It’s November. Okay, yes, I know. In my last post, I pretended October was, in fact, August. Just call me the Queen of Denial.
Thanks to Pam Tillis, I’ve seen the light. Actually, I’ve seen the dark. The turning back of the clocks helped. I may have gained an hour, but there’s no denying that the days are getting shorter. Now, if only Mother Nature would tell the Monarch butterflies.
According to the calendar, it’s November. (sigh) This means the Monarchs should have packed their bags and started on their migration to Mexico where they’ll hibernate for the winter.
But, nope, I have two stragglers. Instead of hightailing it out of Dodge… (I couldn’t resist. This one’s for you, John.)
…they’re meandering around the yard, drinking the nectar from the remaining blossoms on the butterfly bush, sunning themselves, and acting as if they have all the time in the world.
If we have a severe cold spell, they’re not going to be happy–or alive!
Allow me to explain how things should be going for them. It’s November (deep, heavy sigh) and by now, if they had any bug brains, they’d be halfway into their 3000-plus mile trek. On a typical day, one butterfly will travel anywhere between 100 and 200 miles. Damn, how such a delicate creature accomplishes this is beyond comprehension. Their little wings must be sturdy as heck.
The Monarch butterfly’s life cycle is one of the coolest in the insect world. Let’s start with the Fall migration. Typically, each year, millions (yes, millions) of Monarchs make the trip from Canada and the US. (Sadly, the number of butterlies is declining.)
For the hearty ones that do arrive, they’ll bring new hope to many people of Mexico.
Once they arrive, the Monarchs will cluster in such large quantities that their combined weight can actually make a tree branch snap. Honest. It’s true! My entomology professor told the class this. Of course, that was back in the seventies and he might have been high, but still…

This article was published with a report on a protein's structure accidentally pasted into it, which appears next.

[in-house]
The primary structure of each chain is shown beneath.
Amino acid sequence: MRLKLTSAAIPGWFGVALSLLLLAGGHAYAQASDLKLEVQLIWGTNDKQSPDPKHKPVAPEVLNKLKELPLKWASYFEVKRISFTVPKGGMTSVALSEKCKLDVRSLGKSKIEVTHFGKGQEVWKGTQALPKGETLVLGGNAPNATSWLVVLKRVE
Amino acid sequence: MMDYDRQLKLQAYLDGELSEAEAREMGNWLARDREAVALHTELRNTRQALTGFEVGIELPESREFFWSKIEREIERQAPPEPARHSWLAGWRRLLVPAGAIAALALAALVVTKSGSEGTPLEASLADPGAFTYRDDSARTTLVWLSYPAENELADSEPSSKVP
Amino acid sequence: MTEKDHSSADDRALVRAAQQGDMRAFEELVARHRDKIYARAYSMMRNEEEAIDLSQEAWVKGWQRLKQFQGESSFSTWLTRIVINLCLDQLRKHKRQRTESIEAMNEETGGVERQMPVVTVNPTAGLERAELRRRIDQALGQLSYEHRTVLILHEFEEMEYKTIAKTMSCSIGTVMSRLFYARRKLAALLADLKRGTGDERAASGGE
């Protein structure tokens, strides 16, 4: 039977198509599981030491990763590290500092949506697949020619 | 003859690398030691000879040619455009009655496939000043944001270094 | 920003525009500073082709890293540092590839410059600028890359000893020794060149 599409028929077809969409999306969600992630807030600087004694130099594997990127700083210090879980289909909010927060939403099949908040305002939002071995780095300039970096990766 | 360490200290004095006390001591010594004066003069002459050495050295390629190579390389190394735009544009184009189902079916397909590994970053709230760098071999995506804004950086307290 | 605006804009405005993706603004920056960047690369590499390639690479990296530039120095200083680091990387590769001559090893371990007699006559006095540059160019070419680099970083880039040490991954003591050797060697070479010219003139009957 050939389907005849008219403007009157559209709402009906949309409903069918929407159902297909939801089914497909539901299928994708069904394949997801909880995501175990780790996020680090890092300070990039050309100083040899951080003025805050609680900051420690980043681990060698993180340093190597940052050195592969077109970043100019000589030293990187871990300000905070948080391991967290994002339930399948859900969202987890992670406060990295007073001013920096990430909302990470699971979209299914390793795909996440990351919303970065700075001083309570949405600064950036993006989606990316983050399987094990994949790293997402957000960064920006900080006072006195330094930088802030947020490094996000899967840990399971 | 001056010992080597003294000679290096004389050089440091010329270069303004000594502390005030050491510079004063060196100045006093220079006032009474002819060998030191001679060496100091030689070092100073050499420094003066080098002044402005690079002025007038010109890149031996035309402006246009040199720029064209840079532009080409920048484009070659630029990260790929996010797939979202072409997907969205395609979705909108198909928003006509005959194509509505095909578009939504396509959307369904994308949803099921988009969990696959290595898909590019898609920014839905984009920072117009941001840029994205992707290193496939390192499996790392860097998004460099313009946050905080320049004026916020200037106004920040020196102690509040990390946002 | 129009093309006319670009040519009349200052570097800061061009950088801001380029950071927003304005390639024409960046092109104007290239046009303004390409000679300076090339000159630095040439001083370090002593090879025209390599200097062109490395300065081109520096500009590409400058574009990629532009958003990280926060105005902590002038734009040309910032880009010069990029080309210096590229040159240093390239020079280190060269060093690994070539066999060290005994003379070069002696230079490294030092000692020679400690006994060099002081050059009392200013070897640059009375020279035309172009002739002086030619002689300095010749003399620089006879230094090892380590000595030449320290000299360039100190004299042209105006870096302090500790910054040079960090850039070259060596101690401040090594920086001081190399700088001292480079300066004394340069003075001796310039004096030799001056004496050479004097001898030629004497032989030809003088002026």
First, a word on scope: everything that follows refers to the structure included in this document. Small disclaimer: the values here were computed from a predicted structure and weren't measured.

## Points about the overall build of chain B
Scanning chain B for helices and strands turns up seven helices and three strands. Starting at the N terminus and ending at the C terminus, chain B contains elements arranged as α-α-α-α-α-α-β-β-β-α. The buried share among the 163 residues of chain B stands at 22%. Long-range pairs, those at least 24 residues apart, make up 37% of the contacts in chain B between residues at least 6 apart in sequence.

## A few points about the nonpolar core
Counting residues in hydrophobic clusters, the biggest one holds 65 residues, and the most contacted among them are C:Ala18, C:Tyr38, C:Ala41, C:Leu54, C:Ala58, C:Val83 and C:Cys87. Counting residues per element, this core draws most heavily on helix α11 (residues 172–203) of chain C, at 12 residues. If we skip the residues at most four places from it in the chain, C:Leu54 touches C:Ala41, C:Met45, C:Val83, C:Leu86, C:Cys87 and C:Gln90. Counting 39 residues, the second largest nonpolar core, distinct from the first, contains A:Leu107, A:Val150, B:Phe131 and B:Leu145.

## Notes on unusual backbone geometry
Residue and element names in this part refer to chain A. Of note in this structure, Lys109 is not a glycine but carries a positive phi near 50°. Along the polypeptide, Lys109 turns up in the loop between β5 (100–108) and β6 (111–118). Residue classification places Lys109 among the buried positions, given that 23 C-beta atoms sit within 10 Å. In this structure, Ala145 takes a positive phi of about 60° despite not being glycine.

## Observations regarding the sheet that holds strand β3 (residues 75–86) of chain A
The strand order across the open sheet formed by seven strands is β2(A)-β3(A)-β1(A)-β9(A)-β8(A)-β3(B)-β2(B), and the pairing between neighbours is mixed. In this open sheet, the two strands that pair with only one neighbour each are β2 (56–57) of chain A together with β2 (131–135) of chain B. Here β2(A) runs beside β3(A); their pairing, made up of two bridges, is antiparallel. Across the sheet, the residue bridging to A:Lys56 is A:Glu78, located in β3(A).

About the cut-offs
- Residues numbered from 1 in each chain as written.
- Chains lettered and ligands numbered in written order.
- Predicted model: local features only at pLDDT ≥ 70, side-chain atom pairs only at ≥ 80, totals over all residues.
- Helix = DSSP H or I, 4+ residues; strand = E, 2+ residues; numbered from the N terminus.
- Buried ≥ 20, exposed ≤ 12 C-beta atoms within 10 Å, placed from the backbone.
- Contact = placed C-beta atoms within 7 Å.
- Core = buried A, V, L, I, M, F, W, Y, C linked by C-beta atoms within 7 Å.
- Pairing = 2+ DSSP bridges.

Around February or March, these southern beauties will find a mate, do the wild thing, then start their journey back north. Along the way, they’ll stop and lay eggs on the underside of milkweed leaves. (Add milkweeds to your gardens. Please!)
The eggs will hatch and the catepillars will crawl around, eat the leaves, and then each one will form a chrysalis and voila, a butterfly will emerge.
This new wave of adult butterflies forms the first generation, the children of the Monarchs that lived in Mexico. They have a short lifespan, two to five weeks, and continue moving north.
Stay with me because this is where it gets interesting.The first generation adults will stop and lay eggs. The eggs will hatch, crawl, eat, morph, emerge, forming the second generation, the grandchildren of the butterflies from Mexico, and another group of adults with a short lifespan who continue the northward movement.
The second generation butterflies will produce the third generation, or the great-grandchildren of the first generation. In my neck of the woods, the Monarchs I get in the summer are most likely third generation.
This is where it gets really good. The third generation stays put and mates, lays egg, blah, blah, blah, and forms the fourth generation. This generation lives for months! It’s these great, great granchildren that will migrate south!
I don’t know how they do it. I’m exhausted just writing about it.
Back to my own little friends. I sure hope they make the decision to leave. If not, I’ll help out and take them into the house for the winter. I’ll plant a tree, crank the heat, and play a Spanish language CD. Who knows. I might start a whole new migration pattern for the species.
Mother Nature rocks. Blessed be. :}